Left: Folio 16 of the manuscript, which contains the author's
Right: Folio 78, showing some of the diagrams in the manuscript.
In 1596, a scribe living in Vengrov named "Uri, son of R. Eliezer... who is called Leibman Ashkenazi" wrote a manuscript which has survived to the present day. According to an autobiographical note, his work was completed the week that parshah Netzavim was read in the synagogue in the Hebrew year 5356, which corresponds to September, 1596 in the secular calendar.
Written in Hebrew and Yiddish, the manuscript contains "one large circular calendar diagram and two large mnemonic devices in the shape of the Star of David and several smaller illustrations of magical symbols and Stars of David ..... [It is] one of only 15 Yiddish medical manuscripts dating before the seventeenth century and one of the few surviving medieval manuscripts from Poland, the only one from Vengrov."
The first part of the manuscript consists of "miscellaneous kabalistic and folk texts, relating to fortune, charms, amulets, [and] signs of the zodiac," accompanied by sketches of amulets. The second part is “a collection of medications with original additions of the writer himself." The manuscript also includes the text of Goralot [The Casting of Lots], by Abraham ibn Ezra (1093-1167); kabbalistic commentaries on magical usages of the Holy Names; a kabbalistic treatise entitled Sefer ha-Iyyun [Book of Speculation]; and Sefer Refuot [Book of Medicine], which includes "medical recipes, kabbalistic prayers, and magical charms, spells and amulets, [the source of which] was obviously Jewish as it includes Jewish prayers and references to Jewish rituals."
It would appear from his marginal notes (e.g. "This [medication] I tried and was proven with a baby from the holy community of Vengrov") that in addition to being a scribe, Uri ben Eliezer also was a physician. The inclusion of material about amulets, kabbalistic treatises, etc. in what appears to be a predominantly medical text should not be surprising as, in medieval times, the distinction between medicine, science, astronomy, astrology, and magic was not so finely drawn. In combining the medical with the kabbalistic, Uri ben Eliezer took his place in the great tradition of Jewish physician-mystics such as Shabbatai Donnolo and Moses ben Maimon.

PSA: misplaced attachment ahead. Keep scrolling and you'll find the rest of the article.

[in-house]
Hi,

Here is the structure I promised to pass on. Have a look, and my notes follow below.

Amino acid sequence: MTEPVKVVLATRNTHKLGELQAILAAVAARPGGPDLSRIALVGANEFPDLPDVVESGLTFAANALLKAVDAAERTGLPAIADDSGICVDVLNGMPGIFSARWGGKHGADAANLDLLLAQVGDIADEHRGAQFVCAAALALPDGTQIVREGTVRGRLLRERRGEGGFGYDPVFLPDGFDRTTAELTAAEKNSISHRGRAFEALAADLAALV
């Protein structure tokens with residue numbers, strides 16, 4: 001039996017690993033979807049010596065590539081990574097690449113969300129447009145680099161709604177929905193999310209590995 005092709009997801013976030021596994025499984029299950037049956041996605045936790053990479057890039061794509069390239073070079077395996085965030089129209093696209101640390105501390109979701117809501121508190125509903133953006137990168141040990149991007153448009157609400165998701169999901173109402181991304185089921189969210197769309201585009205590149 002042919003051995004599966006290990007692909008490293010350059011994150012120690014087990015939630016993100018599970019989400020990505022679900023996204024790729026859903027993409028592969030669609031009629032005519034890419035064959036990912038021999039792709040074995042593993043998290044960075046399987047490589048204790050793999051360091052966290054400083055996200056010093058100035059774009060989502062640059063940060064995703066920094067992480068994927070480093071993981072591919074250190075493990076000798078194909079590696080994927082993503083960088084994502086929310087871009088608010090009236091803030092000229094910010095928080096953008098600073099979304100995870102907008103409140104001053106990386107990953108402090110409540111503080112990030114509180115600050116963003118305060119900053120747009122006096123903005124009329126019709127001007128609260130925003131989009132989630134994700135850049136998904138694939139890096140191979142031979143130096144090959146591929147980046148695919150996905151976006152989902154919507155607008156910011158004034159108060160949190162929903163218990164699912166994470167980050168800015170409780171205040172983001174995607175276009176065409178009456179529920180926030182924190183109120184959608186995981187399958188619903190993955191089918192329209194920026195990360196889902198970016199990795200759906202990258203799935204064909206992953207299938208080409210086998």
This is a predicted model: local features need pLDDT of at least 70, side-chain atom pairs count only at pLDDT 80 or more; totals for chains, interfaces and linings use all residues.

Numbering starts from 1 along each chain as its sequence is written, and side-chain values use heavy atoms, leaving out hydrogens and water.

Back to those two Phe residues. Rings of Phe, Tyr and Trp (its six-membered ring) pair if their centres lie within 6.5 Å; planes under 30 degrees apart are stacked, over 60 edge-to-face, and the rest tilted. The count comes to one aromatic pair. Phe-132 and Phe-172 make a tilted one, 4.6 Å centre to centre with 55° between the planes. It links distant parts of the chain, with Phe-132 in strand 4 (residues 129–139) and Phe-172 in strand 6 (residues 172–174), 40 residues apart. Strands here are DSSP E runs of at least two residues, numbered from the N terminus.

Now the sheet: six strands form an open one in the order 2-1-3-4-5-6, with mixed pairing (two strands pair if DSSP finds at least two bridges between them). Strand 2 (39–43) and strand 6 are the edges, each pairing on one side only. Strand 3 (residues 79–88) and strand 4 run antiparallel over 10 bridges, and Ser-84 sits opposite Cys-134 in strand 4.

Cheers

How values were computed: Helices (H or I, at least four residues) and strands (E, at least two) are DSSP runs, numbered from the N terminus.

On one occasion, Uri ben Eliezer wrote: "I heard from R. Yosef Karo that the entire partaking in lots is in violation of a commandment." From this, it would appear that Uri ben Eliezer either knew or was in touch with Rabbi Caro, the reknowned rabbinic scholar who was the author of the Shulchan Aruch. The manuscript suggests that there were those in Vengrov’s medieval community who possessed a high level of contemporaneous scholarship and erudition and that the town’s residents were fully engaged with the greater Jewish world.
Credits: Text and page design copyrighted © 2008 by Helene Kenvin. Photographs copyrighted © 2008 by Les Enluminures (Paris, France). We are grateful to Ariane Bergeron of Les Enluminures for her assistance in procuring photographs of the manuscript and permission for their use on this website. Page created by Helene Kenvin. All rights reserved.